Recent research concluded that the waves of the bubonic plague, which began with the Black Death in medieval Europe and ended with the Great Plague of London, were more likelyto have been fueled by gerbils rather than rats. Scientists added to this by suggesting that diseases were repeatedly imported from Asia.


The Black Death claimed the lives of over 30% of the European population within the first six years of the 13th century with bouts of the disease lasting until the early part of the 19th century.


To avoid the risk of getting ill, people tried to avoid those that were sick, e.g. doctors refused to see patients, shop-keepers closed their stores, and priests refused to administer last rites.


Some considered that the diseases were a punishment from God and to recover favour, they had to purge communities of heretics and troublemakers. For this reason, many thousands of Jews were massacred during 1348 and 1349. Some men joined processions of flagellants and engaged in public displays of penance and self-punishment.


Animals were also affected by the plague; so many sheep died that there was a shortage of wool.


The Great Plague of London (1665-1666) claimed almost 25% of London’s population (approximately 100,000 people). It was the final major spate of the plague to occur in Britain.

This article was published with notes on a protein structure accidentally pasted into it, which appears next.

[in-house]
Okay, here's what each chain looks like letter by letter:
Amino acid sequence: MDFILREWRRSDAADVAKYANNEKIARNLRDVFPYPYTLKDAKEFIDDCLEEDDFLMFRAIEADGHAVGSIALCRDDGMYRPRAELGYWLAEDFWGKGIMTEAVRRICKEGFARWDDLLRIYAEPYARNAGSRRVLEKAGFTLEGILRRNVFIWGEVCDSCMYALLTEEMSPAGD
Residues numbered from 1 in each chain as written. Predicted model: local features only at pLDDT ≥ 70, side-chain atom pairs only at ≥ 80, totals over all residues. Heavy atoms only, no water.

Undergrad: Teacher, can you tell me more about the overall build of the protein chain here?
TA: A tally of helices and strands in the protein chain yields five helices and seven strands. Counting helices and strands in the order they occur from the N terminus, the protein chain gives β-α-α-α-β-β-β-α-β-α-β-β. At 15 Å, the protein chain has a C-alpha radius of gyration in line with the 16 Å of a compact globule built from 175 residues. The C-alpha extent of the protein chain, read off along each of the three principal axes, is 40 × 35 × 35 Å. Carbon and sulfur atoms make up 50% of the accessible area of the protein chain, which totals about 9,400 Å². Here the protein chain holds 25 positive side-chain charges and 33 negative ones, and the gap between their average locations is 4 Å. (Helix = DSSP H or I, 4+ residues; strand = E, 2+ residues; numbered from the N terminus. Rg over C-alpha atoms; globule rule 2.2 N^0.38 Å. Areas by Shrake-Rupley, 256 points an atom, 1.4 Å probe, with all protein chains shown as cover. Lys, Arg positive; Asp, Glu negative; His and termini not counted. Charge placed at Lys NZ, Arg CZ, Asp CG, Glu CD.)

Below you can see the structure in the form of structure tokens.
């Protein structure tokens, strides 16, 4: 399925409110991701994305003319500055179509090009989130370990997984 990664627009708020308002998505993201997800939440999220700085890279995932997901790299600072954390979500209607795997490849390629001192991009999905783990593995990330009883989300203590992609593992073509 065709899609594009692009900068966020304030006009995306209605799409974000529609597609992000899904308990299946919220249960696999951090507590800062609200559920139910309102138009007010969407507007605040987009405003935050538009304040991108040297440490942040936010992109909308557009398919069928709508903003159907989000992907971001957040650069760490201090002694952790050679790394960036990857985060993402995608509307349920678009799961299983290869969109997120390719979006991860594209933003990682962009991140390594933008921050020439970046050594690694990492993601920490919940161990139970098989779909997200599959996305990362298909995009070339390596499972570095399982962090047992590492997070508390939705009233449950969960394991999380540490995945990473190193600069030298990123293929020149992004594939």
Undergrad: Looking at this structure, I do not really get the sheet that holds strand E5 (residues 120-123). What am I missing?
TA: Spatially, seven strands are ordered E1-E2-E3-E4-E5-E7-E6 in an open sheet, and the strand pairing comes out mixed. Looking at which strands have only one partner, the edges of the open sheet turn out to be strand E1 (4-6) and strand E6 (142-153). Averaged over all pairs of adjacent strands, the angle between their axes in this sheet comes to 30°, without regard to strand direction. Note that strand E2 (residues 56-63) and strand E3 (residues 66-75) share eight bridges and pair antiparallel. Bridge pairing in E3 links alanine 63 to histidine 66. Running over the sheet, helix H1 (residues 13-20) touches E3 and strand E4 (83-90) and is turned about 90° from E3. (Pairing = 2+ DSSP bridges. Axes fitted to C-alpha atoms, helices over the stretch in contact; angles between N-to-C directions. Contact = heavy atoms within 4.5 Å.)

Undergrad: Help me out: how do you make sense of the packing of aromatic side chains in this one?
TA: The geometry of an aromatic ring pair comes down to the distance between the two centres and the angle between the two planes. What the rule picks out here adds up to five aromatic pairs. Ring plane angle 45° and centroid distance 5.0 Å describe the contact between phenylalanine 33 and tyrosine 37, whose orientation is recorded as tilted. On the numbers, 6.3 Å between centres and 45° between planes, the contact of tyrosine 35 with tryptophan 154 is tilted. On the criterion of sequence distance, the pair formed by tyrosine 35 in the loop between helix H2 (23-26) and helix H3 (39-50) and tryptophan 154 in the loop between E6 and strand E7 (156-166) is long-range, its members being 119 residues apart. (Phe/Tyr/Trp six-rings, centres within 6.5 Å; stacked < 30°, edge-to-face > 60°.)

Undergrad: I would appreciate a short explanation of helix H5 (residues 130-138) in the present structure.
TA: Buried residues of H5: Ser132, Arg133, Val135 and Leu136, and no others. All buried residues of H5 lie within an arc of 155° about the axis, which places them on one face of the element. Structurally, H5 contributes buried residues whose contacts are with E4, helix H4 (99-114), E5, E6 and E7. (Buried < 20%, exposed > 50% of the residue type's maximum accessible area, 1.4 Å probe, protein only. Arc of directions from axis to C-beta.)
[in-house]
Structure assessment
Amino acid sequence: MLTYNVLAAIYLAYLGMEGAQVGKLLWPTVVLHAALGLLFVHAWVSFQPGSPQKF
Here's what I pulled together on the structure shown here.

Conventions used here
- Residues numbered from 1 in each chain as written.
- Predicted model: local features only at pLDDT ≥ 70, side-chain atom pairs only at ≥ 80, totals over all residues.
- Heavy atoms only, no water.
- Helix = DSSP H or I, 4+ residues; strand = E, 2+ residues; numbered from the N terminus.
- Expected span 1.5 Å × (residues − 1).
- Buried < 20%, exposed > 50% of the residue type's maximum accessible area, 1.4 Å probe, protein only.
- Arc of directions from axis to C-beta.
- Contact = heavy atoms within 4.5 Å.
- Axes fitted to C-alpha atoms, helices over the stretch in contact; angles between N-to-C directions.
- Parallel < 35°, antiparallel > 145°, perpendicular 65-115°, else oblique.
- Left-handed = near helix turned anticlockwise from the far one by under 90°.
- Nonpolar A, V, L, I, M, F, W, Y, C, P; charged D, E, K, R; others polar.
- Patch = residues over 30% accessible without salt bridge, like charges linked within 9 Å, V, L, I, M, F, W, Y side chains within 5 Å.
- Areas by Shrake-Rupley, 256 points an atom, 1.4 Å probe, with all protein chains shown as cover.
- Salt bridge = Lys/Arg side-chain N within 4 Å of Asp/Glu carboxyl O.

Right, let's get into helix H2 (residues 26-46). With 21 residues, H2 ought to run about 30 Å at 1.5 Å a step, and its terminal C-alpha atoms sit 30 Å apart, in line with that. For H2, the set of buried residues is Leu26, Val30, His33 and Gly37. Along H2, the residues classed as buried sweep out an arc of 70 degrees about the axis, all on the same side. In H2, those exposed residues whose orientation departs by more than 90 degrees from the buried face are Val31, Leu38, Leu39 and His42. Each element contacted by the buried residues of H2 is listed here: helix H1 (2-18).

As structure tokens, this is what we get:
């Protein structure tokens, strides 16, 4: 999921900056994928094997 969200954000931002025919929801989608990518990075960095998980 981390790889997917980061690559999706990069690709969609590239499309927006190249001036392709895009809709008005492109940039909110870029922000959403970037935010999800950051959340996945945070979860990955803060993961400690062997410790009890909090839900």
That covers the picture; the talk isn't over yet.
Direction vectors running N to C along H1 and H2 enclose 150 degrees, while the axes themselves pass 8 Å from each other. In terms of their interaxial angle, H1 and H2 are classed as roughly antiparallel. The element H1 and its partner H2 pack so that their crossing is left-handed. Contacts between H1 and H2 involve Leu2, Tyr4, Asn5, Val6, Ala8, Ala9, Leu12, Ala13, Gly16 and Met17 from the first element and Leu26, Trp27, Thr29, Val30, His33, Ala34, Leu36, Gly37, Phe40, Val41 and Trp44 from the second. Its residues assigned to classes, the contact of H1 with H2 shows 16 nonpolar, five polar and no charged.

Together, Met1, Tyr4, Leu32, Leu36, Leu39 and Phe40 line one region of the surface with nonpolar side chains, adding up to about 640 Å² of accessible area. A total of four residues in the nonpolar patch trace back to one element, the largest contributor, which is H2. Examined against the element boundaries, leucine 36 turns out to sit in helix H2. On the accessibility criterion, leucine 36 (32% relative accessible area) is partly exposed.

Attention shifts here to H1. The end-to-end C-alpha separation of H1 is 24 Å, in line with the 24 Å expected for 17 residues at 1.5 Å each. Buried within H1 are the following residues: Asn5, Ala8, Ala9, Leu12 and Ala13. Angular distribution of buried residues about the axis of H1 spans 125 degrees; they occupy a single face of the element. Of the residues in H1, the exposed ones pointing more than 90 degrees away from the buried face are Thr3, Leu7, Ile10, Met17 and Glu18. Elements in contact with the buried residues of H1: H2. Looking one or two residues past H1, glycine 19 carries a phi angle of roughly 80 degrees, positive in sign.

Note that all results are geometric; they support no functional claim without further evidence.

Some people believe that the Great Fire of London (1666) put an end to the epidemic.


During excavation for London’s Cross Rail project in 2015, a mass grave was uncovered. On examination of the 25 bodies, it was concluded that they were victims of the Black Death. This particular grave had been recorded in history, but its exact location had remained unknown until now.


Source: Clever Knickers – facts & general knowledge


31st January


In January 1929, the spinach-guzzling cartoon character, Popeye, made his comic strip debut. The fictitious character was based on a real-life person, Frank “Rocky” Fiegel (1868-1947), who lived in Illinois. Fiegel was allegedly excessively strong and often participated in fights. Both Fiegel and Popeye were toothless and smoked a pipe.


Popeye claimed that he was a descendant of Hercules.


On many occasions, Popeye and his arch-nemesis, Brutus, would be friends at the start of the cartoon but quickly became enemies again once Brutus would double-cross Popeye to gain the romantic interest of Olive Oyl.


In a story issued during the Second World War, Popeye and Brutus joined forces - they shared a can of spinach before fighting Japanese soldiers. The episode has since been regarded as racists and subsequently banned.


The 1980 film entitled “Popeye” was shot on location in “Popeye Village” which is situated at Anchor Bay in Malta. The film set has become one of the major tourist attractions on the Maltese islands.


Source: Smarter Than Yesterday – facts, trivia, & general knowledge